"When you get on the side of a wave, you get to 125 degrees in a hell of a hurry," says Phin. "Lions Whelp's positive righting arm to 145 degrees is there for a reason. This takes on new meaning if you're on a wave gradient and at 125 degrees of roll the mast is still not wet."
Seaworthiness refers to a boat's ability to stay afloat and upright, so while our production 39-footer would be well-suited for operation in protected waters, Phin says he wouldn't want to be aboard one in the open ocean 400 miles from land.
Moving on from stability issues, Phin says a boat's maximum cruising speed is also a factor to consider in terms of the vessel's seaworthiness. Ask yourself if your boat is fast enough to get away from an approaching storm system or if it is able to ride the storm out if caught in heavy weather. In either case, you need to know beforehand and take appropriate action, he says.
"The other thing is that people spend most of their time sailing along the coast in sheltered conditions," says Phin. "Then when they get into heavy seas ... they suddenly have a leak right over the electrical system, right when they're least equipped to deal with it. They discover the leak when they're 200 miles out and the seas are building."
Keeping the inside of the boat dry is essential, not only for the ability of the crew to rest and function, but also because boats today are completely reliant on electrical systems to operate. Lose electricity and you may not be able to raise the sails, start the engine, call for help or even flush the head. You have to be able to keep the batteries charged, which means you need the engine or a generator. On Lions Whelp, Phin carries a portable engine starting-fluid injection system, Kold-Ban International's NVT Porta Pack, which he can use to start the engine if his batteries fail.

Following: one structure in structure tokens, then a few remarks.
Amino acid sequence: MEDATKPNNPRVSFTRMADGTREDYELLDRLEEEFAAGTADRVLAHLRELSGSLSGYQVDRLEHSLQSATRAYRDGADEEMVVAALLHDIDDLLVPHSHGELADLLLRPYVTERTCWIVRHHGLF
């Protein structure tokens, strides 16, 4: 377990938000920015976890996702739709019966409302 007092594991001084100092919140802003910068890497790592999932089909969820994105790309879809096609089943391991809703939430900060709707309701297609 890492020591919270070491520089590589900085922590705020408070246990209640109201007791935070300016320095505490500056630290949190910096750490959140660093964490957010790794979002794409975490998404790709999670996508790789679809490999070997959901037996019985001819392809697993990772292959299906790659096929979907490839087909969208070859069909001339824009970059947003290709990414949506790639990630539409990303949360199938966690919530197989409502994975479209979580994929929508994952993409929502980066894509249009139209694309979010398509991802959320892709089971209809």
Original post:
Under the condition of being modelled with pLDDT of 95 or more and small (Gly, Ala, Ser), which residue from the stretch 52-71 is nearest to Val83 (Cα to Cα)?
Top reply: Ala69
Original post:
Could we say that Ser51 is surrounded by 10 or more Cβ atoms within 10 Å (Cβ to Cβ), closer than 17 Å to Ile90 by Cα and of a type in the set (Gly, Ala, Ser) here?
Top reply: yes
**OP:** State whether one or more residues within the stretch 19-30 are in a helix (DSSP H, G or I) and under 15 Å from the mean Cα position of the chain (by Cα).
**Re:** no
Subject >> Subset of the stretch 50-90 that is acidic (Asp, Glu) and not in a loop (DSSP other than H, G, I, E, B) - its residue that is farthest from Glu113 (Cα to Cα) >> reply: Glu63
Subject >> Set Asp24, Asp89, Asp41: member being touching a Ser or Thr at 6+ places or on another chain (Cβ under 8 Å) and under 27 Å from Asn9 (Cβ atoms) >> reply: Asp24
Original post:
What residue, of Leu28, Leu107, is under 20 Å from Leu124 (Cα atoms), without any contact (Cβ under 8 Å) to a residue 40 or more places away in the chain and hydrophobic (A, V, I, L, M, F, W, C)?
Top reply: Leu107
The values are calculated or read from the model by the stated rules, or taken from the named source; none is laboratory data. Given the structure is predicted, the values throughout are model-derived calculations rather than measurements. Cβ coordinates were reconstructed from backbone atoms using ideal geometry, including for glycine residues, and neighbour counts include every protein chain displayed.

"Marchaj has a great passage that I quote all the time," says Phin. " 'The very essence of the human predicament is the split between reason and belief. The first is controlled by the rational mind; the second is governed by emotions and ideology. Belief tends to distort reality ... via interpolation by frequently aggressive dominant minorities, into something acceptable to them. This is not to say that such people are self-consciously deceptive. They simply propagate belief, or rather perverted logic, which they may not themselves hold self-critically.'
"Now what this means is that it is the captain's responsibility to diligently process cognitive data and intuitively grasp information as it comes in and look for an error in judgment," Phin says. "Always assume an error has been made and act accordingly. Never rest. Never get complacent. Otherwise, the probability of accident and disaster increases exponentially. Failing to be questioning and perpetually diligent, a skeptic as to the safety of your vessel and crew, is like building the hull with a single skin. One bump and down she goes. There is nothing backing up that single fragile, penetrable skin - no redundancy, no Plan B or C and no time to come up with one."